Daffodils are beginning to bloom and leaves appearing in hedgerows. But don’t be fooled.
The meteorological start of spring next week will feel more like mid-winter as a Siberian blast brings frosts of -6C (21F) and up to four inches of snow.
The Met Office has issued two separate warnings for snow on Monday and Tuesday. Some rural communities could become cut off and there is a risk of delays to road, rail and air travel.
But Britain will feel the icy grip of and easterly icy blast tomorrow night, when temperatures will plummet below zero.
A rower on the River Cam in Cambridge this morning was up early enough to enjoy a golden sunrise. Temperatures are expected to stay bitterly cold into Sunday and the new working week
Two men run along the banks of the River Cam in Cambridge this morning. Britain is set for the coldest February week in five years as freezing air arrives from Russia
A cyclist bikes along the River Cam in Cambridge this morning surrounded by frost-covered fields. The Met Office has issued an amber cold weather alert, which warns of increased health risks to vulnerable and elderly people
Rowers breathe out into the cold Cambridge air as they sail along the River Cam this morning
‘It’s expected to stay cold all next week,’ Met Office meteorologist Martin Bowles warned. ‘Spring will come eventually but it will be postponed.’
Daytime highs are set to fall to 4C (39F) by Tuesday. Temperatures could drop as low as -6C (21F) in southern England over each of the next four nights.
Temperatures in some rural spots could fall even lower to -8C (18F) tomorrow night.
Northern England will be slightly less cold, with temperatures of -3C (27F) to -5C (23F).
Snow is due to hit south-east England first, on Monday afternoon.
The Met Office warning covers Kent, East Sussex, parts of London, East Anglia and into the south Midlands, from 4pm on Monday and continues through the whole of Tuesday.
Some areas may receive only around one inch of snow, but four inches could fall elsewhere.
A woman wrapped up warm enjoy a morning coffee today in London while walking across the Millennium Bridge
The cold blast – dubbed the beast from the east – will see temperatures plunge below zero from Sunday night, with some areas seeing lows of minus 8C. Pictured: Londoners braving the big chill dressed accordingly this morning
A woman adjusts a man’s scarf of the South Bank in London as freezing air moves over from Russia to grip Britain in a snap set to be the coldest in five years
Public Health England warned the cold could be fatal to those who struggle to cope when temperatures fall, including the elderly and those with heart and lung diseases. Pictured: Women in winter coats walk through London’s South Bank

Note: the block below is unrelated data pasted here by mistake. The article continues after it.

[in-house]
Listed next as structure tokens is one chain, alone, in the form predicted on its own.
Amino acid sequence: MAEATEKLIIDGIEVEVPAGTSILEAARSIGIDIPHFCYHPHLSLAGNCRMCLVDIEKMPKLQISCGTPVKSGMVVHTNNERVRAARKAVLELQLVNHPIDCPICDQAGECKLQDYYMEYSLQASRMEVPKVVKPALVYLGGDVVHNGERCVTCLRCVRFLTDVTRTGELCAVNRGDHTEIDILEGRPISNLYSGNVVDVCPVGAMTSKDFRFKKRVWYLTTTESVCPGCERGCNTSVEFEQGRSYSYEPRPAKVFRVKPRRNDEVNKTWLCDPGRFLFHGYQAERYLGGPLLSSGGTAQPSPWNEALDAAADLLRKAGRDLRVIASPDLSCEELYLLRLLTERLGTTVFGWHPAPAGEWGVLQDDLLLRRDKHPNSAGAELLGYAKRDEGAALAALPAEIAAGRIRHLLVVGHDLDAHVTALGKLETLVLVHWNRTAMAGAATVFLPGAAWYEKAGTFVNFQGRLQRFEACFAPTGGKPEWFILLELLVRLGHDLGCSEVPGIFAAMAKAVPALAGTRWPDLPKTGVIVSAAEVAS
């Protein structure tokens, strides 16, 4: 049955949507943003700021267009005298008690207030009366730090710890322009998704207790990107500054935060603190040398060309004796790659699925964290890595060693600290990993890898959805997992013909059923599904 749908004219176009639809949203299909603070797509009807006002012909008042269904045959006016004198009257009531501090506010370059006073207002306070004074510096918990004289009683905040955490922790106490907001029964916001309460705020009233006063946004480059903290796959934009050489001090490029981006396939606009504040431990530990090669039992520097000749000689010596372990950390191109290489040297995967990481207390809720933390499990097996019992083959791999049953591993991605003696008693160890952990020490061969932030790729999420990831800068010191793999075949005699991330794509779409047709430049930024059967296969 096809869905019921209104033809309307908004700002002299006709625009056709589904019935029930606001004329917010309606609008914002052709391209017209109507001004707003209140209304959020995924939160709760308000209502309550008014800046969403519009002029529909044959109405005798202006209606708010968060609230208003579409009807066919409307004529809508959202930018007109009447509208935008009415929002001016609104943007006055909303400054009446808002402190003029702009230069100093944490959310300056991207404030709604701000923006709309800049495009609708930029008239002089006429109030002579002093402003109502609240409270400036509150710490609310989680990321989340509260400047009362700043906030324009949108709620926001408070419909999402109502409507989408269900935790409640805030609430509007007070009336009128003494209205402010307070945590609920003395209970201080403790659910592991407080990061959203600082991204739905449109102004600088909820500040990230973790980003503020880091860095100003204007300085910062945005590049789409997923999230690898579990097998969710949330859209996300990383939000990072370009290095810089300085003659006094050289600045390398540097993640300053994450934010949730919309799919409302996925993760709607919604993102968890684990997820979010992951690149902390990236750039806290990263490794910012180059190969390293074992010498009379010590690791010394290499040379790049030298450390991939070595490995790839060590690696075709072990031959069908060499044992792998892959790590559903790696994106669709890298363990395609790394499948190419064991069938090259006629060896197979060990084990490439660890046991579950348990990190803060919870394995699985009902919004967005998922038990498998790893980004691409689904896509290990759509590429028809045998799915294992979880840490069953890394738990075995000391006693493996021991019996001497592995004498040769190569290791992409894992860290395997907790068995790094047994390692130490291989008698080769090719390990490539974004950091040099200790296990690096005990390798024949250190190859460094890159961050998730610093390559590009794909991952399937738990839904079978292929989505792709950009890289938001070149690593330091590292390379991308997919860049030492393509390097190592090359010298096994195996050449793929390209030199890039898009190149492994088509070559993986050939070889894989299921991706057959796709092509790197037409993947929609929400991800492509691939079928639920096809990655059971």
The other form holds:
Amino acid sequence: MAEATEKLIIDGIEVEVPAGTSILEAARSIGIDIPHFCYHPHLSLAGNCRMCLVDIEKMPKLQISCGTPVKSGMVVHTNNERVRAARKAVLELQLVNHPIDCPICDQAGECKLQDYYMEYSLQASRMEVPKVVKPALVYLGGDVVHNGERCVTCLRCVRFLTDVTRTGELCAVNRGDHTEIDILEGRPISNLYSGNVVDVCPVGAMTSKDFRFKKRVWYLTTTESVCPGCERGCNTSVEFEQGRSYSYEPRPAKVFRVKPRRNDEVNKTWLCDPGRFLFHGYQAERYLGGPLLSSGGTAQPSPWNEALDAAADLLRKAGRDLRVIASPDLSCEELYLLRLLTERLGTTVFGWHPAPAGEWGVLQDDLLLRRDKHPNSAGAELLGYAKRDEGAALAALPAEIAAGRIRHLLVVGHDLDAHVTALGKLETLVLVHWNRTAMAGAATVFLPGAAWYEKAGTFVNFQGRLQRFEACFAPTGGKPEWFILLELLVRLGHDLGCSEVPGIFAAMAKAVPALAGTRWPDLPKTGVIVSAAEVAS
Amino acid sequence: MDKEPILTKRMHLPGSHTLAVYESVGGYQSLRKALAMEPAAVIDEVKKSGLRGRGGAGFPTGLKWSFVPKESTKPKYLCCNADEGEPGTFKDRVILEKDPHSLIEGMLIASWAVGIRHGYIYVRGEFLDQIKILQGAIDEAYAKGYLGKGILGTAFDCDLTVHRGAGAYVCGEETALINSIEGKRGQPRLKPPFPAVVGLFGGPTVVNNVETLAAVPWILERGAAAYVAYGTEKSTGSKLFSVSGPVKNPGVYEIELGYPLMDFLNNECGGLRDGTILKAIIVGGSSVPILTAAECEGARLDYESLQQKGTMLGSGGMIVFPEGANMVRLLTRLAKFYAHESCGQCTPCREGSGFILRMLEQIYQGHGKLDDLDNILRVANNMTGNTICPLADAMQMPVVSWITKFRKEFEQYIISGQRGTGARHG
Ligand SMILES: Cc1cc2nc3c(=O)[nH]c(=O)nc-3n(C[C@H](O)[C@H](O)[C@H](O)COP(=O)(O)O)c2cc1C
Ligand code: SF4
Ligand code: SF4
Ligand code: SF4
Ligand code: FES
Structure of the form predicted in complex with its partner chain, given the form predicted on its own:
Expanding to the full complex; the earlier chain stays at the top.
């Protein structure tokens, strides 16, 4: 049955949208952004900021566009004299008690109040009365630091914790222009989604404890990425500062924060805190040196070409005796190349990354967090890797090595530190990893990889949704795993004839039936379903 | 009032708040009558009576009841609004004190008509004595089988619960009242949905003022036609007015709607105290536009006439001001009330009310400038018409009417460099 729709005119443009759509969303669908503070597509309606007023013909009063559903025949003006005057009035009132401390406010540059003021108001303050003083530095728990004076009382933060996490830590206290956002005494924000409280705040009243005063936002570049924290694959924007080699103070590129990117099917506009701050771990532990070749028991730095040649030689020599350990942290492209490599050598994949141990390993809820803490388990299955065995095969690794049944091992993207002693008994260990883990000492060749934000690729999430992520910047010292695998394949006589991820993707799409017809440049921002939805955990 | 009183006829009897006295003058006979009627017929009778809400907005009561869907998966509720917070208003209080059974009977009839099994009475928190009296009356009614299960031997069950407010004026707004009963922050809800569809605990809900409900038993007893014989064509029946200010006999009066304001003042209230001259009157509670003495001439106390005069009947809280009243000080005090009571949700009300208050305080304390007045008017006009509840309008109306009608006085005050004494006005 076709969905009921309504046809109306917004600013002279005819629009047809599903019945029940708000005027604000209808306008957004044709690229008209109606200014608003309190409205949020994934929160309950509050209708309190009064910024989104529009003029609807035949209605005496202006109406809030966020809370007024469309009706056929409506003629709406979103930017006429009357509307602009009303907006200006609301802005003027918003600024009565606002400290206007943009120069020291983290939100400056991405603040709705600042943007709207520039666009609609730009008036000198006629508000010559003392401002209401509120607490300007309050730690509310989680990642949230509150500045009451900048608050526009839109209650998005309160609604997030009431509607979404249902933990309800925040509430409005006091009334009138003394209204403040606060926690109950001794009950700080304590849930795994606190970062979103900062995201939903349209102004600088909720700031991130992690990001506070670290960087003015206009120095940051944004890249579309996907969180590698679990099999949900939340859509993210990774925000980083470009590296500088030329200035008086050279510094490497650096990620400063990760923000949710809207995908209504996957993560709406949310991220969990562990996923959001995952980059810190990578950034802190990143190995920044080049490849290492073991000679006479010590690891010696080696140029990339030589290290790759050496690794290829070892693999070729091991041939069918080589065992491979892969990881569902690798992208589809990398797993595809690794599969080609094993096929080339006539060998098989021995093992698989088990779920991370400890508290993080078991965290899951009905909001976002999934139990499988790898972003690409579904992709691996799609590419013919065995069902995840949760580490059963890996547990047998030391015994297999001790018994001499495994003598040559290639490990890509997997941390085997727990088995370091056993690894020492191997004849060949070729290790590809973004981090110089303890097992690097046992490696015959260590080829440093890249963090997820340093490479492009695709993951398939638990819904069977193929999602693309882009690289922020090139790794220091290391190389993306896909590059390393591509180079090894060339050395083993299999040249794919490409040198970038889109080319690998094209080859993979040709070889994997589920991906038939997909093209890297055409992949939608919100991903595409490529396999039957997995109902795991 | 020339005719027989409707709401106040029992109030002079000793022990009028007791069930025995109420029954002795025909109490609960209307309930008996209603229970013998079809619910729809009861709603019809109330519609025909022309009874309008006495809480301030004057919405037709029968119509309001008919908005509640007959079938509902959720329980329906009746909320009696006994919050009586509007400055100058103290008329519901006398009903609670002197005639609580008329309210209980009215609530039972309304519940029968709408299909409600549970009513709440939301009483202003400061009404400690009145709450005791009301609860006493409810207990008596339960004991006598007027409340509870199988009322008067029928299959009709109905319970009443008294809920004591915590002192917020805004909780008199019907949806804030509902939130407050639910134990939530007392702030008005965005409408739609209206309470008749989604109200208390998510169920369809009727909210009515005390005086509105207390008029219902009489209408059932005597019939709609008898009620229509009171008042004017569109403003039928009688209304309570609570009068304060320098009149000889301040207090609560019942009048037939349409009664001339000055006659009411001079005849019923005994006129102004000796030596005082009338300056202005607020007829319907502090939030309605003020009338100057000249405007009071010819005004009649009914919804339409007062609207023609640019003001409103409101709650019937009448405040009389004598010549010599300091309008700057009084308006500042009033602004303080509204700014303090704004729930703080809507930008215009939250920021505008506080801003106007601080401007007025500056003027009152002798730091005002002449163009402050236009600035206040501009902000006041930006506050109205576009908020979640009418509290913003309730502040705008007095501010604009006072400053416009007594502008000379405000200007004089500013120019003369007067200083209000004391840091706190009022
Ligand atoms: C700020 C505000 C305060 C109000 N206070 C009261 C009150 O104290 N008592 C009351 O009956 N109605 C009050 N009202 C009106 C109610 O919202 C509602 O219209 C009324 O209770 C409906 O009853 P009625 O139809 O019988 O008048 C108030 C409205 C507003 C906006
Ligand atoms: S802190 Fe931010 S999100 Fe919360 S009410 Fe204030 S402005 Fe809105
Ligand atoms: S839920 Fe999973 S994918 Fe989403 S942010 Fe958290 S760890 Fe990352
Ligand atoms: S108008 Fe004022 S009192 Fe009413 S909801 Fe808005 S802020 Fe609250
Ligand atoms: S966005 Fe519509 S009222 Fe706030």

In a second warning, forecasters say the same weather will spread north to all areas east of the Pennines up into Scotland, as well as the south-east of England, through Tuesday with the worst conditions in the morning.
More snow showers are predicted later next week, most likely across eastern and central parts of the UK.
Easterly winds in southern Britain will make it feel bitterly cold while night time frosts will be widespread and severe in places.
The meteorological start of spring is March 1, Thursday, when temperatures usually average 10C (50F).
The freeze, caused by high pressure over Scandinavia pulling in easterly winds from Siberia, will be the coldest spell for several years for parts of southern England and Wales.
Public Health England warned the cold could be fatal to those who struggle to cope when temperatures fall, including the elderly and those with heart and lung diseases.
Council leaders urged people to keep an eye on vulnerable neighbours.
The Royal Horticultural Society said the cold snap could mean a bumper crop of blackcurrants, apples and pears this year by stopping the flowers on fruit trees from coming out too soon and suffering frost damage.
The RSPB urged householders to put out food for birds who would struggle to find it in frozen ground.
What is Sudden Stratospheric Warming?
Sudden Stratospheric Warming (SSW) refers to a phenomenon that sees a rapid rise of temperatures in the stratosphere, which is sometimes connected with the onset of cold, winter weather.
Temperatures can rise by up to 50C (122F) in just a few days within the stratosphere, which is between six and and 31 miles up.
Occasionally, the flow of jet streams high up in the atmosphere – in both the northern and southern hemisphere – becomes disrupted by natural weather patterns in the lower part of the atmosphere.
This can cause a polar jet to wobble, break or become wavey. When this happens, westerly wings can be reversed and swung round to turn into easterly winds.
The stratosphere then beings to collapse into the polar cap, compresses and becomes warmer.
Britain usually expects weather to come in from the west with a flow of relatively mild air coming in off the Atlantic. But when an SSW brings in easterly winds, the UK’s weather systems tend to alter slightly.
As weakening areas of low pressure move our jet stream further south, this leads to high pressure over the North Atlantic and blocks the flow of milder Atlantic air while dragging in cold air from the continent to the east.